Defense business case: shipyard leaders take the floor; Kendall’s USAF priority; Buying wedge heels? ; And more…

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We’ll revisit a bit of the news from the Air Force Association’s Air, Space & Cyber ​​conference, but first, a few highlights from my discussion on Thursday with executives from US shipyards at the event. State of the Navy from Defense One.

Kevin Graney, chairman of General Dynamics Electric Boat, said he was excited about the AUKUS defense pact brokered by the Biden administration that will pave the way for Australia to receive nuclear-powered submarines. FYI: It is not yet determined what type of submarine Canberra will get: A version of the American Virginia class? The smart class of the UK? Something else?

“It’s a pretty exciting time and personally I think it’s right that we partner with the Australians in this way to strengthen our defensive posture,” said Graney. “But my message to my team is absolutely clear, and that is that we stay focused on the mission at hand. The mission to accomplish is two Virginia submarines per year and [the] Colombia [class]. “

He added: “We are ready to lend our support when we are tasked with it, and in the meantime we have a lot of work to do. “

Graney may be waiting a moment; in a Defense 1 Interviewed earlier Thursday, Chief of Naval Operations Admiral Mike Gilday said it might take “decades” to prepare the Australian military and industry to support the arrival of the first powered ships nuclear power in the country.

Graney and Mark Vandroff, CEO of Fincantieri Marinette Marine, also discussed the challenges of getting their employees vaccinated against COVID-19 and the ways in which they seek to recruit skilled workers to build the next generation of ships and submarines from Marine.

You can watch the full discussion here (free registration required).

Now on to the AFA, where we could hear a little of the priorities of Secretary of the Air Force Frank Kendall. Or, in this case, the priority: “China, China and China,” Kendall said in a speech to AFA attendees. It brings back memories of former SecDef Patrick Shanahan, doesn’t it! Here are some highlights of what Kendall had to say:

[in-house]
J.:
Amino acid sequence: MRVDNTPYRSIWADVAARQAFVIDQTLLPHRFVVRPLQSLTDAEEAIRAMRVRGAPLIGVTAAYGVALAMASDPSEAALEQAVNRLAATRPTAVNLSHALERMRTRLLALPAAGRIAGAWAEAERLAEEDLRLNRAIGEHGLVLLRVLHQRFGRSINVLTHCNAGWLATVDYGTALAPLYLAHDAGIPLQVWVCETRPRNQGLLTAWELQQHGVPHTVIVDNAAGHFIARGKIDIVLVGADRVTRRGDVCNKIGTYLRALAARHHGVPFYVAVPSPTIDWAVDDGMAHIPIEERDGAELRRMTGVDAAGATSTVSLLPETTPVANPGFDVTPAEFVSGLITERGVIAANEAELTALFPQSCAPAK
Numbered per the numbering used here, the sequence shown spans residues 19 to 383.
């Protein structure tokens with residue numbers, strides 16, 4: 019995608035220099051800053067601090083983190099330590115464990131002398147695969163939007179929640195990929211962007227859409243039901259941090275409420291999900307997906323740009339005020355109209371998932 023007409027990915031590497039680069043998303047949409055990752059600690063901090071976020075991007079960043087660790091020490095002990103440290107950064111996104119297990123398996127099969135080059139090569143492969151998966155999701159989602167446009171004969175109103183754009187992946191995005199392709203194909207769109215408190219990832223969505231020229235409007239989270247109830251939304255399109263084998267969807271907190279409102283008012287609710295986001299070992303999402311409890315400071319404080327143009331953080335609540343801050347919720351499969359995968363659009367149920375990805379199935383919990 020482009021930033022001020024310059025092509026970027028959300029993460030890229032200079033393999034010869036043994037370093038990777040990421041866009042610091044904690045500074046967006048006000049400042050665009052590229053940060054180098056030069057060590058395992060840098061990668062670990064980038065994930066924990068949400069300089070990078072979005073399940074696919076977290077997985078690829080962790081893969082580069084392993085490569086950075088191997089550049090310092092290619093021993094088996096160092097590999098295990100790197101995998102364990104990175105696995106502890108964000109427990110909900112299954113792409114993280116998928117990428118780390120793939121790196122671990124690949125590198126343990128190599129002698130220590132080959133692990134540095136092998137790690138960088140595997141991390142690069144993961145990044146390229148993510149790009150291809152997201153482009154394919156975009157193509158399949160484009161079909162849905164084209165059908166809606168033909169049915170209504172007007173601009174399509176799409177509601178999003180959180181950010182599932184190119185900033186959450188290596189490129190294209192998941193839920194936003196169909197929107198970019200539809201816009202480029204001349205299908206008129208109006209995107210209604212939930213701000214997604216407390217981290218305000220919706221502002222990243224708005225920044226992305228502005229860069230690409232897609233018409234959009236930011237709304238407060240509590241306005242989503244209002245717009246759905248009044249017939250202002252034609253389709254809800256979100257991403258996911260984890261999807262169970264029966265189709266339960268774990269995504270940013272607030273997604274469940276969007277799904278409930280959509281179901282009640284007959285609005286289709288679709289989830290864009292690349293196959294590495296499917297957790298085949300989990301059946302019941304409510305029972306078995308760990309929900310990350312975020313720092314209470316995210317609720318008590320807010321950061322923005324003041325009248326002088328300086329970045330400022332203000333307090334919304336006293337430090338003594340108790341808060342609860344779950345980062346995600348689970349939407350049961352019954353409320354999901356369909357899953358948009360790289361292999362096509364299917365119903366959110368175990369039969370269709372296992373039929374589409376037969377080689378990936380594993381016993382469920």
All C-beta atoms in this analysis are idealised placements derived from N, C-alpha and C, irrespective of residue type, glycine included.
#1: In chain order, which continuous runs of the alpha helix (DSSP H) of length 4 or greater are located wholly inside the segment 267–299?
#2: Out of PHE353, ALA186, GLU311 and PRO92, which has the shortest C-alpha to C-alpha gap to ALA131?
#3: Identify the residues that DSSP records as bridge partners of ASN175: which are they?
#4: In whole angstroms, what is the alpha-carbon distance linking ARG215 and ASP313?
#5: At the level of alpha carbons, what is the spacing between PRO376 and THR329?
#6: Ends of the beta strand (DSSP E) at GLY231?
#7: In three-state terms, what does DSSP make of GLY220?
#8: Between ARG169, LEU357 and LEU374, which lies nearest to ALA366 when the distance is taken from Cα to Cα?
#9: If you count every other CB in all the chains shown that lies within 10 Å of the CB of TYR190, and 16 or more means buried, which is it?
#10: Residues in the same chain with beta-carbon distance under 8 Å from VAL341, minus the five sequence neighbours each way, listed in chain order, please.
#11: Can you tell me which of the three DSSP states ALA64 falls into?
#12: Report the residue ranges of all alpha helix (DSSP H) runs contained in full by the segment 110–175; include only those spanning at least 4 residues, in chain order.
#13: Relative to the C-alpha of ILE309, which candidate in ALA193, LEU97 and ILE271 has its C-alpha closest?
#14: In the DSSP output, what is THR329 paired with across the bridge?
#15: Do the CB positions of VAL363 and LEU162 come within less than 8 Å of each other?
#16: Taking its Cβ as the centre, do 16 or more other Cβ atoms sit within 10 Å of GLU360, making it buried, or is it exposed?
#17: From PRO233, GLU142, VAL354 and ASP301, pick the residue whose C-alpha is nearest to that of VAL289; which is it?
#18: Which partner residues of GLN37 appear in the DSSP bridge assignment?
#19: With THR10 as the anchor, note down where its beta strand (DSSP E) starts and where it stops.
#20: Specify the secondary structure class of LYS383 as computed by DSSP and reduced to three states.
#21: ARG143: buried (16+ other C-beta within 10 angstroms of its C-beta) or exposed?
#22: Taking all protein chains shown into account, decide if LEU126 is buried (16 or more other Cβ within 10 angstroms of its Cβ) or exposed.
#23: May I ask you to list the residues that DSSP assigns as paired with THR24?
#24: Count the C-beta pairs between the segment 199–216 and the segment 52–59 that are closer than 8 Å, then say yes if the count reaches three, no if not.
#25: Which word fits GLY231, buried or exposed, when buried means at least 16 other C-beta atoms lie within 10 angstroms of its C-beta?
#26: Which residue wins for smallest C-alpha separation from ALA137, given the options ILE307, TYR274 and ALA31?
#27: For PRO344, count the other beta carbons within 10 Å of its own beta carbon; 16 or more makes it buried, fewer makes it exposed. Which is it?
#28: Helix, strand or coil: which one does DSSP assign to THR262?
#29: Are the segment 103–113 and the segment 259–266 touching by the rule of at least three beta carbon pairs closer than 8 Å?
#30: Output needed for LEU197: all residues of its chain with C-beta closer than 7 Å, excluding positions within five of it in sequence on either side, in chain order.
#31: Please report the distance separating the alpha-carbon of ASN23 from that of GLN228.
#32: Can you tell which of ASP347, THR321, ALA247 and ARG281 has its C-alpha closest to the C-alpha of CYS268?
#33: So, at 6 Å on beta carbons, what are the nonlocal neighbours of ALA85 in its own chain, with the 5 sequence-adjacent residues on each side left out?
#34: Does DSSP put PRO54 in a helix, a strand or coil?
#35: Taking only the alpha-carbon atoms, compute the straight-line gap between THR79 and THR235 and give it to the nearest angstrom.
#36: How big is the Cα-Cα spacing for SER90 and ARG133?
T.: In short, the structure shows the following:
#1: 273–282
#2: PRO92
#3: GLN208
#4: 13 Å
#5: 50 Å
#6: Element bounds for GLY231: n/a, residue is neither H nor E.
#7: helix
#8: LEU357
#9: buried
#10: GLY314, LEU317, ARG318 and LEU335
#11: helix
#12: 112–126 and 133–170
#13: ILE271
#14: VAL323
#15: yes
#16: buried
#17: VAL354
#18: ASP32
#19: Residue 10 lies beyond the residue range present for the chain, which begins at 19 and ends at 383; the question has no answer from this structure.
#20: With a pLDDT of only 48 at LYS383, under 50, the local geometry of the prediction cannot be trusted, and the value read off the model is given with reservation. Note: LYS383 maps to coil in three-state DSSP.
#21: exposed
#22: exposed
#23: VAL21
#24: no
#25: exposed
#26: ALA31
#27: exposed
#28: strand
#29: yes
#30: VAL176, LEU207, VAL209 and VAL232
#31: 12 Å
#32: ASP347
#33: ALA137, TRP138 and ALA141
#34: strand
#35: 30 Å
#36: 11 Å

• China’s nuclear projects put them on the path to having “a de facto first strike capability, ”a statement disputed by independent nuclear policy experts.
  • Kendall criticized Congress for failing to allow the Air Force to remove unnecessary old warplanes and said the Air Force would continue to push for retirements.
  • Northrop Grumman is currently building five B-21 stealth bomber test planes
  • Kednall also questioned the role of hypersonic weapons, which is officially one of the top priorities for modernizing his service.

You can read the full recap here.

Air Force plans to buy Boeing E-7 Wedgetail radar plane, Kendall said, delving deeper into a topic some Air Force executives touched on at the Air Force Association’s last conference in February. “There is some interest in the E-7,” he said. “He has very good abilities and that could be of use to the Air Force, so we are looking at that.” This aircraft would likely replace the E-3 AWACS.

Kendall refused to influence planned acquisition of Lockheed Martin of Aerojet Rocketdyne due to an ongoing government review of the sale. In the past, he has criticized certain defense-related mergers and acquisitions, and in particular Lockheed’s purchase of Sikorsky. Darlene Costello, the Air Force’s acting procurement officer, said the service had “provided feedback” to the Defense Secretary’s office on the sale. “There was a bit of back and forth,” Costello said.

Meanwhile, the house pass National Defense Authorization Tax Law 2022, which totals $ 740 billion, about $ 24 billion more than what the Biden administration asked for.


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